The ideal theater ensemble has a front sound stage with separate speakers for displaying the left, center and right channels. The left and right speakers should be the same distance from the center speaker and slightly aligned with the center of the listening room. Depending on how many pairs of surround speakers you are working with, these should ideally be placed at ear level to the side or in the rear area of ​​the seating area. The subwoofer should be placed in the best possible location in the room to reproduce low frequencies, which can be determined thanks to a simple trick called sub crawl.

Done right, this setup can create a truly immersive environment that brings everything from Marvel movies to episodes of Family Guy to life in incredible detail. The goal of the soundbar, on the other hand, is to achieve the same effect with miniature-sized components. Maybe that wasn’t the goal originally (and maybe it still isn’t for some), but it doesn’t matter with brands that offer top-notch soundbar systems. At this premium price point, these bars can be expected to produce the same sound at a price usually reserved for higher-end home theater speakers. The marketing for these top notch soundbars reflects this, which exacerbates the problem.

Physically, there is a legitimate problem with meeting that expectation. The bar itself houses the left, center, and right channels and leaves little space for real separation between the channels. In addition, each driver in these soundbar chambers is typically smaller than drivers in a home theater speaker, which puts the bars at a disadvantage when it comes to producing full, resonant sound. Too often the result is unfulfilled sound coming from a room under your television, as opposed to the sprawling soundstage that embodies a true home theater.

So it makes sense that, as good as the premium bars like the LG SN11RG or the Samsung HW-Q90R sound (and they sound great too), they still have a serious physical disadvantage when it comes to playing home theater sound. I bet that a properly assembled system – let’s say the SVS prime 5.1 system paired with a powerful A / V receiver like the Denon AVR-S950H – will sound significantly better and be available at a lower price than any of these soundbars. Hell, depending on which of these two soundbars you go for, there would be a few dollars left to add some ceiling speakers or height channels to the setup that would allow Dolby Atmos playback. This would almost certainly have a better effect than the upward facing drivers in soundbars, which rely on reflecting frequencies from the ceiling and back towards the listener.

A couple of concessions

Sony HT-G700Nick Woodard / Digital Trends

By now, I’ve no doubt pissed off some perfectly happy soundbar owners. That is understandable. I wasn’t exactly friendly to the bars, but they’re not all bad. Honestly, there are areas where the modern soundbar excels and other times when it is the better option.

For starters, soundbars are no doubt easy. They’re easier to set up, use, and customize. There’s no speaker cord to meticulously hide in the corners of your room, and no extensive list of settings to go through during initial setup like most A / V receivers do. Plus, with most soundbars these days, it’s not difficult to turn up the bass, muffle the treble, or toggle between preset sound settings to find the sound that’s right for you. I think most A / V owners can agree with me that while it offers far more ways to customize the sound, it tends to be a lot more complicated to fine-tune than with a soundbar.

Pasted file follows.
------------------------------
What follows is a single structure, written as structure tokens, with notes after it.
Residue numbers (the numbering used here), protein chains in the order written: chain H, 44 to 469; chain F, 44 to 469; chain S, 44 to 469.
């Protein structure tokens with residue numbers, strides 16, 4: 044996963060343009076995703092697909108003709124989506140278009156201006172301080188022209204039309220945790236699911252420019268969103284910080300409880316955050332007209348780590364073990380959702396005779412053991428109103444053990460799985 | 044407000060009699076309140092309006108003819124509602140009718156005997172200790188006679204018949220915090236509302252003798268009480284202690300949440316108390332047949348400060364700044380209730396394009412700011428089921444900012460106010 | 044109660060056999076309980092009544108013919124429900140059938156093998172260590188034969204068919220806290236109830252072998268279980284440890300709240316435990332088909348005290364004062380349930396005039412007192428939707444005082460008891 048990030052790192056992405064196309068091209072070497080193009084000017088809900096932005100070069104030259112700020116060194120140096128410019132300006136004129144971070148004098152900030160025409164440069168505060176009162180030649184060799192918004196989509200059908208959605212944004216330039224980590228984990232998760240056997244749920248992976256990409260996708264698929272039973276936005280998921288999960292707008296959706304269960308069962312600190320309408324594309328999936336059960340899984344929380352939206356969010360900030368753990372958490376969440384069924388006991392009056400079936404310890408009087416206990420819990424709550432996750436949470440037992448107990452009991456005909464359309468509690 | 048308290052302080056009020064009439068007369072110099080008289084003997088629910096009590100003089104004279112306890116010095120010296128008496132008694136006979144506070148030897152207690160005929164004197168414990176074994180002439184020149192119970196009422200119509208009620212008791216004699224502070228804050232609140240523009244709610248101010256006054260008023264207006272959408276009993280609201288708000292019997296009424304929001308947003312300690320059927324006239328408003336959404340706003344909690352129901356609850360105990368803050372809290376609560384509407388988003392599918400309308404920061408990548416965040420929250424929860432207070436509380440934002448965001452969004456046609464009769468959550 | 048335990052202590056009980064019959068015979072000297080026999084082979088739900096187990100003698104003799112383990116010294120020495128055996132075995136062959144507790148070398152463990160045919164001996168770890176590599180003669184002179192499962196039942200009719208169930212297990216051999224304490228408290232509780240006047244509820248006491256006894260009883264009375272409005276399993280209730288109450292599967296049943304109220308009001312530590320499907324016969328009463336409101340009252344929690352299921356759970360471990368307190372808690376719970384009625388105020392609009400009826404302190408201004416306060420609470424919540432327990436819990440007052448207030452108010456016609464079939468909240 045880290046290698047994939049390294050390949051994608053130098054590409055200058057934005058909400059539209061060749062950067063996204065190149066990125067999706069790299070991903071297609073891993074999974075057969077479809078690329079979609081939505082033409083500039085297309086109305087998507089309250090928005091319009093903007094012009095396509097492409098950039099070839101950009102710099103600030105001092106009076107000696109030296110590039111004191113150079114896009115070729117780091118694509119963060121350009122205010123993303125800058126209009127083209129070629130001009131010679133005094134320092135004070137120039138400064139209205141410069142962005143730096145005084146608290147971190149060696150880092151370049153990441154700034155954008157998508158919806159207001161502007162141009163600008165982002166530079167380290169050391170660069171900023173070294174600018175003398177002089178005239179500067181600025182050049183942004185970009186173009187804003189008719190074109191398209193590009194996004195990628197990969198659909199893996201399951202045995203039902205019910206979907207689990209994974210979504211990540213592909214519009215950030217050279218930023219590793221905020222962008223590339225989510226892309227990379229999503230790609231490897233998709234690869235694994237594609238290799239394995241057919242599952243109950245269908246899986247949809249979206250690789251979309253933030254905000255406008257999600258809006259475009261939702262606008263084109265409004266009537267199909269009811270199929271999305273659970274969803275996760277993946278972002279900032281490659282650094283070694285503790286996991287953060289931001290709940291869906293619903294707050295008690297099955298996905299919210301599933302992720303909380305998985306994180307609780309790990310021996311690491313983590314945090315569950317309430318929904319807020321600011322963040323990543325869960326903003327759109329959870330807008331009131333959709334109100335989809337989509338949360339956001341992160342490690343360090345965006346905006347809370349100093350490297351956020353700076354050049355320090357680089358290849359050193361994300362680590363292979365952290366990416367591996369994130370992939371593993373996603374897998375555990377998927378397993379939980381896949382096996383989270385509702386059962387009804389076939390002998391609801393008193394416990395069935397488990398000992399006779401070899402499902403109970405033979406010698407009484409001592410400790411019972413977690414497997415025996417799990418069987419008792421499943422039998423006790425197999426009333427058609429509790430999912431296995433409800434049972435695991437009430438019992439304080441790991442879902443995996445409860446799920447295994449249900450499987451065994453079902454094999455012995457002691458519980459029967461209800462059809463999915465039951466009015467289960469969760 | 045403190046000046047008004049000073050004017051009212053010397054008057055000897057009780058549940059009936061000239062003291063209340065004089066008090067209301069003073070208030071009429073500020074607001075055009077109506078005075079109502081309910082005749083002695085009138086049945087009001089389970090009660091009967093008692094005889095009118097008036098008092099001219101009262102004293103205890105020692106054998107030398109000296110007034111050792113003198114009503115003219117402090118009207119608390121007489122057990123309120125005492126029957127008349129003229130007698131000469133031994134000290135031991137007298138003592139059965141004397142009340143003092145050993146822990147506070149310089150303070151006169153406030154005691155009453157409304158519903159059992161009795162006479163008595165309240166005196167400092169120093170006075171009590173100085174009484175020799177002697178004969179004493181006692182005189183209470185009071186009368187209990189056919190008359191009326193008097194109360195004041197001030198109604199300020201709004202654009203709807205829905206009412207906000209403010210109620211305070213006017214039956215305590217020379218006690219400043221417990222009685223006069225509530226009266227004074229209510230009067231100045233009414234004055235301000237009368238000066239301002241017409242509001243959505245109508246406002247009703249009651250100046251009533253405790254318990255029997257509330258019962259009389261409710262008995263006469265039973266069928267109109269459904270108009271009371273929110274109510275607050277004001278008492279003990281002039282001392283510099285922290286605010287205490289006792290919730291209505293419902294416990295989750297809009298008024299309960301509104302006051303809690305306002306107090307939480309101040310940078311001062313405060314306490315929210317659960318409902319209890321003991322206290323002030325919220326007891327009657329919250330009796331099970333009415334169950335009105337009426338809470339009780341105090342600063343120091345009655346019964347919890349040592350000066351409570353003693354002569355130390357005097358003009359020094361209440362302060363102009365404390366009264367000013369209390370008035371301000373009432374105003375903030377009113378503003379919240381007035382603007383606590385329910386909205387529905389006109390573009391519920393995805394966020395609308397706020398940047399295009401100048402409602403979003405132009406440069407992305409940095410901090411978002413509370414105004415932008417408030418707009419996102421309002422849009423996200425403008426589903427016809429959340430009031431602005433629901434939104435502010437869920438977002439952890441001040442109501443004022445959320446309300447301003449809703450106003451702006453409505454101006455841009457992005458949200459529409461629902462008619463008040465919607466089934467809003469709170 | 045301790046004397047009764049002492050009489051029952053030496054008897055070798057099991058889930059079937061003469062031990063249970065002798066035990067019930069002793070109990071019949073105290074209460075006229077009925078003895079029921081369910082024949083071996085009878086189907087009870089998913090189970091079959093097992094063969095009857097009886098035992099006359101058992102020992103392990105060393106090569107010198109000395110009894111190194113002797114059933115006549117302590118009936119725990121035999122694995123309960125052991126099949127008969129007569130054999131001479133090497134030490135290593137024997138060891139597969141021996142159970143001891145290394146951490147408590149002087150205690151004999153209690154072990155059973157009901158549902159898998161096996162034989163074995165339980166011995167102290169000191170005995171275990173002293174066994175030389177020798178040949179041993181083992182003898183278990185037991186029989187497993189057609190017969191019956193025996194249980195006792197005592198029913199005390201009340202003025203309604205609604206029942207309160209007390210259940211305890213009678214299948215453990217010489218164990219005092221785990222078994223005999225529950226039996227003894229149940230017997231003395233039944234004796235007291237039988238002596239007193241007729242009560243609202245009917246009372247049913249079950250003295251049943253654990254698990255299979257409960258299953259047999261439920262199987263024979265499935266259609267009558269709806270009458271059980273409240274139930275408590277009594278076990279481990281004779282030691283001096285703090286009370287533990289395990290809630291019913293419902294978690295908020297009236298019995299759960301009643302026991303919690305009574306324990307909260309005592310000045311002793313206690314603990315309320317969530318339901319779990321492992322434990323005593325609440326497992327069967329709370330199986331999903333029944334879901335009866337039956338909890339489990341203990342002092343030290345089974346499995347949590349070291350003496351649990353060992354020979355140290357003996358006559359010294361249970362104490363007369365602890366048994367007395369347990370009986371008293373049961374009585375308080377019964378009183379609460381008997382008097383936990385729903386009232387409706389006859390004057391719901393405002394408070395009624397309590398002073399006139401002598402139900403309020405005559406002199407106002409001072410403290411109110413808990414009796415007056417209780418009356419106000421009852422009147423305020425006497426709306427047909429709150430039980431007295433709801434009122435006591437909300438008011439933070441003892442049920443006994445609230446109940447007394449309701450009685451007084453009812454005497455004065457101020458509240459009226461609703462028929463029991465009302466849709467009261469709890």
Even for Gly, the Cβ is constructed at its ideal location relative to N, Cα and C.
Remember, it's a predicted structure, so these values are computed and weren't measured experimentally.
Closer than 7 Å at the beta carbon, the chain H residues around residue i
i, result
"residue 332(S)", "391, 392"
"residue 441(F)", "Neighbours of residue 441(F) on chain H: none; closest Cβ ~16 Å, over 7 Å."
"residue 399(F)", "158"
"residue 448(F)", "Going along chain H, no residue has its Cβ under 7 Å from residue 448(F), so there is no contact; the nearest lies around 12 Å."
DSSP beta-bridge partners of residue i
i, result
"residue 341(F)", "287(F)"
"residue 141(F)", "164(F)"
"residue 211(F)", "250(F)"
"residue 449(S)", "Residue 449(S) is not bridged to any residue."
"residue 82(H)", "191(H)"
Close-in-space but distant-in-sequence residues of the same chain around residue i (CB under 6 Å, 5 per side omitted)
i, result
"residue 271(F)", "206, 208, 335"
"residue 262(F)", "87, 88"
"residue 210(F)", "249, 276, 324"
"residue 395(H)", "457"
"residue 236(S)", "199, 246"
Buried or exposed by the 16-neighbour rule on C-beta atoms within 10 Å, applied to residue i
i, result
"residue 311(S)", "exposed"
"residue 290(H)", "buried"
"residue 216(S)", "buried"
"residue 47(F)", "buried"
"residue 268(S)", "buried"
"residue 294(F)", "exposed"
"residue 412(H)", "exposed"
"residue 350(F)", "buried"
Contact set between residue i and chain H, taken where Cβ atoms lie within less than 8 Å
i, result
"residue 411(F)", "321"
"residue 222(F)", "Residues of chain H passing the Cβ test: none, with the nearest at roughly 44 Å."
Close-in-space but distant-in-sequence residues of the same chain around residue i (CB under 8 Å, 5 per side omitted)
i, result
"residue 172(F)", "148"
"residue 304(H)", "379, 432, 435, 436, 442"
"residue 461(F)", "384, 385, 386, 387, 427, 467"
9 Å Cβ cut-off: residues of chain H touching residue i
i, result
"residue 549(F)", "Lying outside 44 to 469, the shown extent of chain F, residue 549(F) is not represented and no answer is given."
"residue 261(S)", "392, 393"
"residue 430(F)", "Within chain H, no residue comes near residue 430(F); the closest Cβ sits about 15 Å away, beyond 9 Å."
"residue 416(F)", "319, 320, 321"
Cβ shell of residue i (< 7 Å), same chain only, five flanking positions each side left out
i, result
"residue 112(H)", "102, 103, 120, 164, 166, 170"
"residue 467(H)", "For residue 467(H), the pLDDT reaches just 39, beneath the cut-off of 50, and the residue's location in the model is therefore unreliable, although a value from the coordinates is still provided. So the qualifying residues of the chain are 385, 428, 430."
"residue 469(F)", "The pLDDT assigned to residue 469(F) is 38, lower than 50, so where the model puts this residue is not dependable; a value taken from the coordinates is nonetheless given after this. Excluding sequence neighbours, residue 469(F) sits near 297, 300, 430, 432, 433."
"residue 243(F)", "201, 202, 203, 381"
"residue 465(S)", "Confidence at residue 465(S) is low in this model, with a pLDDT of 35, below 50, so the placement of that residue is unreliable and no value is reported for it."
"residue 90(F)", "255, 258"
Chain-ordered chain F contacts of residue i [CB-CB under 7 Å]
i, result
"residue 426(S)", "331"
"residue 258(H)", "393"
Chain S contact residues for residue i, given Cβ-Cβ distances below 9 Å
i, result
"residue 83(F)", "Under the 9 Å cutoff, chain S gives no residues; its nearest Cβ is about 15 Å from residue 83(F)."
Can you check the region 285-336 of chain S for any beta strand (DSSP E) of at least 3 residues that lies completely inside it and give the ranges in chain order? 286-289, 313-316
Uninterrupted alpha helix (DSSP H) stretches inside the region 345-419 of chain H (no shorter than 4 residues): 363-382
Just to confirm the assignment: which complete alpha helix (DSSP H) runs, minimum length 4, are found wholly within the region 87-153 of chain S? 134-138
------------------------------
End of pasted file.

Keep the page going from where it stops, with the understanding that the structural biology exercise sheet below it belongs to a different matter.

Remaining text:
Aesthetically, soundbars can also be an attractive option. Aside from speaker cords running around the room, home theater setups can include bulky subwoofer enclosures and tall, towering floorstanding speakers. Soundbars are undoubtedly more reserved, and the best of the group can blend in with the environment they’re in. This is an important factor for the minimalists of the world.

Finally, there are some rooms where traditional theater audio setups like the one I’ve described just don’t make sense. I wouldn’t put a full speaker system in a bedroom, nor would I try to hide cables in an oddly shaped living room. Home theaters will always get the better of me, but I can understand that some people just can’t stand the headache of hiding cables but still want the sound to be improved.

The challenge

Hopefully I didn’t give the impression that all soundbars sound bad because that’s just not true. LG and Samsung’s flagship bars offer immersive fun, and Vizio offers a great cross-section of value and sound with its selection of bars. I haven’t heard the Sennheiser Ambeo soundbar, but I’ve heard from others that it’s great. And judging by Sennheiser’s track record, I bet it is.

It doesn’t change the fact that I’m still waiting to hear a bar cross the threshold and make me rethink every word I’ve just written. I think products like Klipsch’s The Fives are on the right track as they offer a unique blend of home theater components and soundbar simplicity, and competitors following in those footsteps might have the answer I’m looking for.

Ultimately, this is my challenge to the many great audio companies out there: Develop a product that combines the best of both worlds and wins the hearts of staunch traditionalists in the home theater, while remaining accessible to those who indulge in the ease of soundbars. Do something that hits that sweet spot. Do something that gives me a compelling reason to sell my beloved A / V equipment and to enthusiastically join the ranks of soundbar believers.

I dare you.